To this day, infertility is typically associated with women. “There’s a misconception that infertility is a woman’s problem, but actually both men and women are equally likely to experience infertility. The causes are likely to be different for men and women, obviously. For men, it’s generally factors such as low sperm count, low motility of sperm, signs of infection in the male reproductive tract and, to some degree, paternal age and the effect that has on sperm quality,” says Dr. Ellen Greenblatt, Head of the Mount Sinai Hospital Division of Reproductive Sciences and the Clinical Director of Mount Sinai Fertility and IVF Unit in the Department of Obstetrics and Gynaecology. Wayne remembers feeling like he was a bystander in the process, not an active participant: “Sue was going through the physical effects of everything, but I was more than just a companion. I was an equal partner, both supporting her emotionally and playing an, albeit smaller, physical role. We were going through it both as a couple and as individuals.”
Two fertility clinics, four unexplained miscarriages, and six years later, Sue and Wayne were tired. They needed to take a break, but the weight of infertility never lifted. “The monthly reminder that it wasn’t happening was hard, and we started planning for what our life was going to look like without children,” says Sue. But even with mental health support, they found themselves declining invitations to baby showers and avoiding family gatherings where there would be babies and kids. “It even impacted where we wanted to live,” says Wayne, “We ended up in a condo downtown because we couldn’t handle being on a street with lots of kids and families.”
In 2016, Sue went back to school and with a fresh start came a renewed desire to grow their family. The couple met with Mount Sinai Hospital’s Dr. Ellen Greenblatt and restarted their journey, with cautious optimism. “For the first time, we felt recognized as humans, and that we were partners in our own care. I needed to hear that losses happen, and it’s really crappy, but that it’s okay. Nobody told us we were ‘too young’ to be there, and there was transparency; they told us everything, even the things we didn’t want to hear, but needed to,” says Sue.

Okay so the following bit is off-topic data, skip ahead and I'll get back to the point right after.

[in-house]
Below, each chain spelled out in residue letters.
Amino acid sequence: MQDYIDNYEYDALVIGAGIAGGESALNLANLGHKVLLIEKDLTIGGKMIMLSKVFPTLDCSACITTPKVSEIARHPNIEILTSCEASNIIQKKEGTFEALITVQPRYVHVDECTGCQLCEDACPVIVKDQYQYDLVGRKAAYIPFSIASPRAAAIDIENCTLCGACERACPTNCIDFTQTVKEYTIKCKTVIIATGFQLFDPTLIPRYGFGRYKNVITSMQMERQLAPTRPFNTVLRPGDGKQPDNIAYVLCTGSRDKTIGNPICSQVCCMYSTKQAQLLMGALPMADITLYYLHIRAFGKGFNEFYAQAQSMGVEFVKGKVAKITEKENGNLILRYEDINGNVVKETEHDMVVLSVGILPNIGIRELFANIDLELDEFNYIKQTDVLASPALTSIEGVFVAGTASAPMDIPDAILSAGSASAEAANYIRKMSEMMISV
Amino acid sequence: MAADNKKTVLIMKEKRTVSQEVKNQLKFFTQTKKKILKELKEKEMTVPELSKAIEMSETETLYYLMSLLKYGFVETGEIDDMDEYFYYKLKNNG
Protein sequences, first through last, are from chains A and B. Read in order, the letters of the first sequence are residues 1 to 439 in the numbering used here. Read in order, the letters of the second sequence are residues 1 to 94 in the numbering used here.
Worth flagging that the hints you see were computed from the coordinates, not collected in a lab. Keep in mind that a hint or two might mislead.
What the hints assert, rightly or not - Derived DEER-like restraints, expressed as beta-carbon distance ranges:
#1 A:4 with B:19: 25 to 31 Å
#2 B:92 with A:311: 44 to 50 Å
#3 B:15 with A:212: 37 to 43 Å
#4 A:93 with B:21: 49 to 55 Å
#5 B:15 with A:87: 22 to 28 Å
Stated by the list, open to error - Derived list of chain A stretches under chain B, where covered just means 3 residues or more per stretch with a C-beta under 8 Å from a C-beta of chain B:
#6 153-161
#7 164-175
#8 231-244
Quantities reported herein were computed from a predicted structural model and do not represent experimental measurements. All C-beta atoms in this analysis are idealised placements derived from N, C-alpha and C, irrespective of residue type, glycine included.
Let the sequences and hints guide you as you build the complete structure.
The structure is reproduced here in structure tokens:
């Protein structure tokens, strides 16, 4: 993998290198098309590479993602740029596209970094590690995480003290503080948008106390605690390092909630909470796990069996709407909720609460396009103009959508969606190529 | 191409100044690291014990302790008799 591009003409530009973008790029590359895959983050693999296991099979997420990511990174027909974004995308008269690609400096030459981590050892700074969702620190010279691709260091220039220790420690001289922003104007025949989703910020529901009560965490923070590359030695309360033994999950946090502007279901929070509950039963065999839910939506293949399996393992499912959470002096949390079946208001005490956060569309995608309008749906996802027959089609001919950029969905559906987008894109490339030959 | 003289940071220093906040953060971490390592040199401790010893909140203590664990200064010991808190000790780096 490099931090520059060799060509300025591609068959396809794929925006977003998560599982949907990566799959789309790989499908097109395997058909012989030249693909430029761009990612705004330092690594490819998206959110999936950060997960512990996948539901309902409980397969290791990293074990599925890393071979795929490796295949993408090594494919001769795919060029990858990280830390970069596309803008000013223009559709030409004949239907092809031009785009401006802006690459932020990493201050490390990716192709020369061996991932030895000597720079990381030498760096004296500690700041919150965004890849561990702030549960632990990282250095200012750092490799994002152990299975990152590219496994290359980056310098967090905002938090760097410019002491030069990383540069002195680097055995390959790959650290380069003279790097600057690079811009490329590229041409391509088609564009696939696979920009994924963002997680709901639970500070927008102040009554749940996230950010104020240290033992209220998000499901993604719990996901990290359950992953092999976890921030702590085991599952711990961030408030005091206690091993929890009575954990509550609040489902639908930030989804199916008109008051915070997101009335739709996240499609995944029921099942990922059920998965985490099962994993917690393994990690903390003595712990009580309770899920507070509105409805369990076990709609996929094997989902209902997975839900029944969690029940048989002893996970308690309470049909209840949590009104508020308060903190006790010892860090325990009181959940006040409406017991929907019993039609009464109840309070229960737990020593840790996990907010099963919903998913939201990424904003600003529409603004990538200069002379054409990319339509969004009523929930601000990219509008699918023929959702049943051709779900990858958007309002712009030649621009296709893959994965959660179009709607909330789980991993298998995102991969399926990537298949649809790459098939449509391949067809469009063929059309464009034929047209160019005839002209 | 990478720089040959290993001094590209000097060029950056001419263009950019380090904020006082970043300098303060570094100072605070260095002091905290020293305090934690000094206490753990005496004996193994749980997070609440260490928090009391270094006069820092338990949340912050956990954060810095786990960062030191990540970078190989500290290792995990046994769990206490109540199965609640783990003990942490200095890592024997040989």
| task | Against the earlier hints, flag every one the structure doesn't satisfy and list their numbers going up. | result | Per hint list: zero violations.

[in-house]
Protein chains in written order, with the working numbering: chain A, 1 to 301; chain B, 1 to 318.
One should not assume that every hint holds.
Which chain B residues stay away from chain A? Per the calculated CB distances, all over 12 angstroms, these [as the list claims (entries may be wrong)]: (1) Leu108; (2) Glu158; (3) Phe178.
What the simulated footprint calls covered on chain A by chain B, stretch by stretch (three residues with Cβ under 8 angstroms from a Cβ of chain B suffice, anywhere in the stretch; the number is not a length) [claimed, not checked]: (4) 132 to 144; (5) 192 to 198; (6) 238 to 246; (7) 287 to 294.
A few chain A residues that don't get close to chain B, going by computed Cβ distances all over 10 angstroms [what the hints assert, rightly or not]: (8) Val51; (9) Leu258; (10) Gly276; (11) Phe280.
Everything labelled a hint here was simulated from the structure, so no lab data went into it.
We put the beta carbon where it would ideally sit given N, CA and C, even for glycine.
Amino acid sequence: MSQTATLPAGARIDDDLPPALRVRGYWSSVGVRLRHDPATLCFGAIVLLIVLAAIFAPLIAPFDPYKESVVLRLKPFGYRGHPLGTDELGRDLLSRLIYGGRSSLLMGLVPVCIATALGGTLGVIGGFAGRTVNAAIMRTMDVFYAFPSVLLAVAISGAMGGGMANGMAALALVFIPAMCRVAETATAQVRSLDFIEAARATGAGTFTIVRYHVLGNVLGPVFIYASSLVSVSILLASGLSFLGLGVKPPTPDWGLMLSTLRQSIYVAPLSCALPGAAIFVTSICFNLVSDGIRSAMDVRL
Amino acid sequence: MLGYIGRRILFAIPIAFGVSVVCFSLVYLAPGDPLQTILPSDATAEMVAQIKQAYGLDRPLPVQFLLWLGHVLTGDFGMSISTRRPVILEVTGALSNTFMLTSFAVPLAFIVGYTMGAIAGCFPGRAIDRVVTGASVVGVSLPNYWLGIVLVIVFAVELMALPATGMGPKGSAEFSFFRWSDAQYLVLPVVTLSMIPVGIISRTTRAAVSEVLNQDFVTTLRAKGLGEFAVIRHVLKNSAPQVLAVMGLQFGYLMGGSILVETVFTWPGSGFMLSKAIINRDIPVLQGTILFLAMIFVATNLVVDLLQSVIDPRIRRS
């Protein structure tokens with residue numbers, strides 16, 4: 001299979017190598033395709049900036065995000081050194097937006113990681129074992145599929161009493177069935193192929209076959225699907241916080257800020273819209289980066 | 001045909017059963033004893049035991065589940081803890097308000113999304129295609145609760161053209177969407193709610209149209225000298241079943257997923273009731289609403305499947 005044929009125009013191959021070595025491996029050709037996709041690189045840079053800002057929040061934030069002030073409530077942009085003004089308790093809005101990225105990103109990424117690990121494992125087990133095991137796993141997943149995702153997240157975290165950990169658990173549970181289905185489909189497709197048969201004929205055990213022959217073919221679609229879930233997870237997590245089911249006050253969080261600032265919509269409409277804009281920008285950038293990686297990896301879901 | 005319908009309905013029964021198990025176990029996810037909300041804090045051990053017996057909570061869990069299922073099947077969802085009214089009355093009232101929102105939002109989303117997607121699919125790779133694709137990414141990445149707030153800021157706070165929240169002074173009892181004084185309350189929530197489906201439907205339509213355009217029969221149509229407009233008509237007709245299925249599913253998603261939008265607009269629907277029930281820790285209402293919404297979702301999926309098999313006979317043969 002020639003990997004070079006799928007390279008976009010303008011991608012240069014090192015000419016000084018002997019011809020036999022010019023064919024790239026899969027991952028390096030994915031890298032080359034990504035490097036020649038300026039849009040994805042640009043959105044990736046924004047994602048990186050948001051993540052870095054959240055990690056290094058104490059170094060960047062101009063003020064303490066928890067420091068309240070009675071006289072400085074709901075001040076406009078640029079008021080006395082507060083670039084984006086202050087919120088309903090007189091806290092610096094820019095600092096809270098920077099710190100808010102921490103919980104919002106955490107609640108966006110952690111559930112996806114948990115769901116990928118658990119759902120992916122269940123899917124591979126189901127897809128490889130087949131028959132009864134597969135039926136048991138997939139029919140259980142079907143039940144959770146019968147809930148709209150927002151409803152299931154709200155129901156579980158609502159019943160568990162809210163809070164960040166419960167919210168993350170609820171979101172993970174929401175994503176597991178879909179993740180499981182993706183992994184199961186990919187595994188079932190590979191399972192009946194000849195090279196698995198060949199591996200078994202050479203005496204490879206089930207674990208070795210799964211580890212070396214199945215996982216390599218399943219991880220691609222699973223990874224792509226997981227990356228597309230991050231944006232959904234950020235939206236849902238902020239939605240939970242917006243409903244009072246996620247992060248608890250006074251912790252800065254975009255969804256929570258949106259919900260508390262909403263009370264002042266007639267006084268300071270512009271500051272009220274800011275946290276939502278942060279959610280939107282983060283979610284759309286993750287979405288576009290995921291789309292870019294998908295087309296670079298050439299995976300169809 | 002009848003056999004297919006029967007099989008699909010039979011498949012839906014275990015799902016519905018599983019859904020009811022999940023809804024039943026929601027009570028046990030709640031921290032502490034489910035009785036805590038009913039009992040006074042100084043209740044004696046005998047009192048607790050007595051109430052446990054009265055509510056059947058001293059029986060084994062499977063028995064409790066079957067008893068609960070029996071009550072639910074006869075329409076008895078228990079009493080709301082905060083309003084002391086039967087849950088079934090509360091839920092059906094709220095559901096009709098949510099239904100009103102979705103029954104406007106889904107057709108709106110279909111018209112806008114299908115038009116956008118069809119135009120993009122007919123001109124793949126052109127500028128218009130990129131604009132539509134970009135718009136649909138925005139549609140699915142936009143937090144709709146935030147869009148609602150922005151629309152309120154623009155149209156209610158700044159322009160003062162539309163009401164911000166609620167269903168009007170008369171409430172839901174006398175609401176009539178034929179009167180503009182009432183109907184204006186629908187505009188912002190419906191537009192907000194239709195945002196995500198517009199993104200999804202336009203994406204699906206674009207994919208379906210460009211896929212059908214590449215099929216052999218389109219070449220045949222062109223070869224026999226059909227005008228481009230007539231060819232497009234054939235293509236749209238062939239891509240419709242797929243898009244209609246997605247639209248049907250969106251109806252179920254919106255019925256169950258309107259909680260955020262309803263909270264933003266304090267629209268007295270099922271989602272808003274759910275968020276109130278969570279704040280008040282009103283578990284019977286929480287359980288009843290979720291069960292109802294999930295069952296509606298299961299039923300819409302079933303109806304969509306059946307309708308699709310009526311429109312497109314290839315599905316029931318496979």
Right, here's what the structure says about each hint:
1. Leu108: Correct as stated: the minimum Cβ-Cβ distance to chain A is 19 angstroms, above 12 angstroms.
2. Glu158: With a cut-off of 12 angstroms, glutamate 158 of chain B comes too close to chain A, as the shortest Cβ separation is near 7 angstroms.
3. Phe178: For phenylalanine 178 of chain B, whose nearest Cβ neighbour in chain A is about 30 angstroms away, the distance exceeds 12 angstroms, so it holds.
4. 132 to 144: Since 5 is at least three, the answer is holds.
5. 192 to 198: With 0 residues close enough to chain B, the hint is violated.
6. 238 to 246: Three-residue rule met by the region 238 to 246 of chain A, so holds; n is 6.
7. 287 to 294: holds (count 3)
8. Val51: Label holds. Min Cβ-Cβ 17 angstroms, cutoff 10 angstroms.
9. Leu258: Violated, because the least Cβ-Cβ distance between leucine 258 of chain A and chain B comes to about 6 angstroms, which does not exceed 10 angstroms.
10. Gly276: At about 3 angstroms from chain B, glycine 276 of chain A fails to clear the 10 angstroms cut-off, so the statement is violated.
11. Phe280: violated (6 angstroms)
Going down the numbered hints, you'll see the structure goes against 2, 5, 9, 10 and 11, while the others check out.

After a year and a half of treatment, with a five month break while Sue started a new job, they got their positive pregnancy test. With a history of early losses, there was hesitation: would Sue’s hCG levels - the pregnancy hormone - continue to rise, indicating a viable pregnancy? Or would that positive line fade away? When it was clear that Sue’s hCG levels weren’t slowing down, the couple embraced every odd food craving and moment of nausea. For the first time, after a decade of trying, they were going to be parents. And that was worth celebrating.
When Sue and Wayne started their fertility journey ten years ago, infertility was a taboo topic, and they often felt lonely and unsupported. “A lot of people go through this. It’s important to share the experience: infertility exists. People need support to get through it,” says Sue. And for Wayne, supporting male partners through infertility is just as important, remembering that the partner of a birthing person has an important role to play.
When their daughter Olivia was born, the doctor holding her asked who the father was. Wayne looked around the room, before cluing in: he was a dad and Olivia was his. And while her birth was not without complications, Olivia is now a thriving two-year-old and is a big sister, too.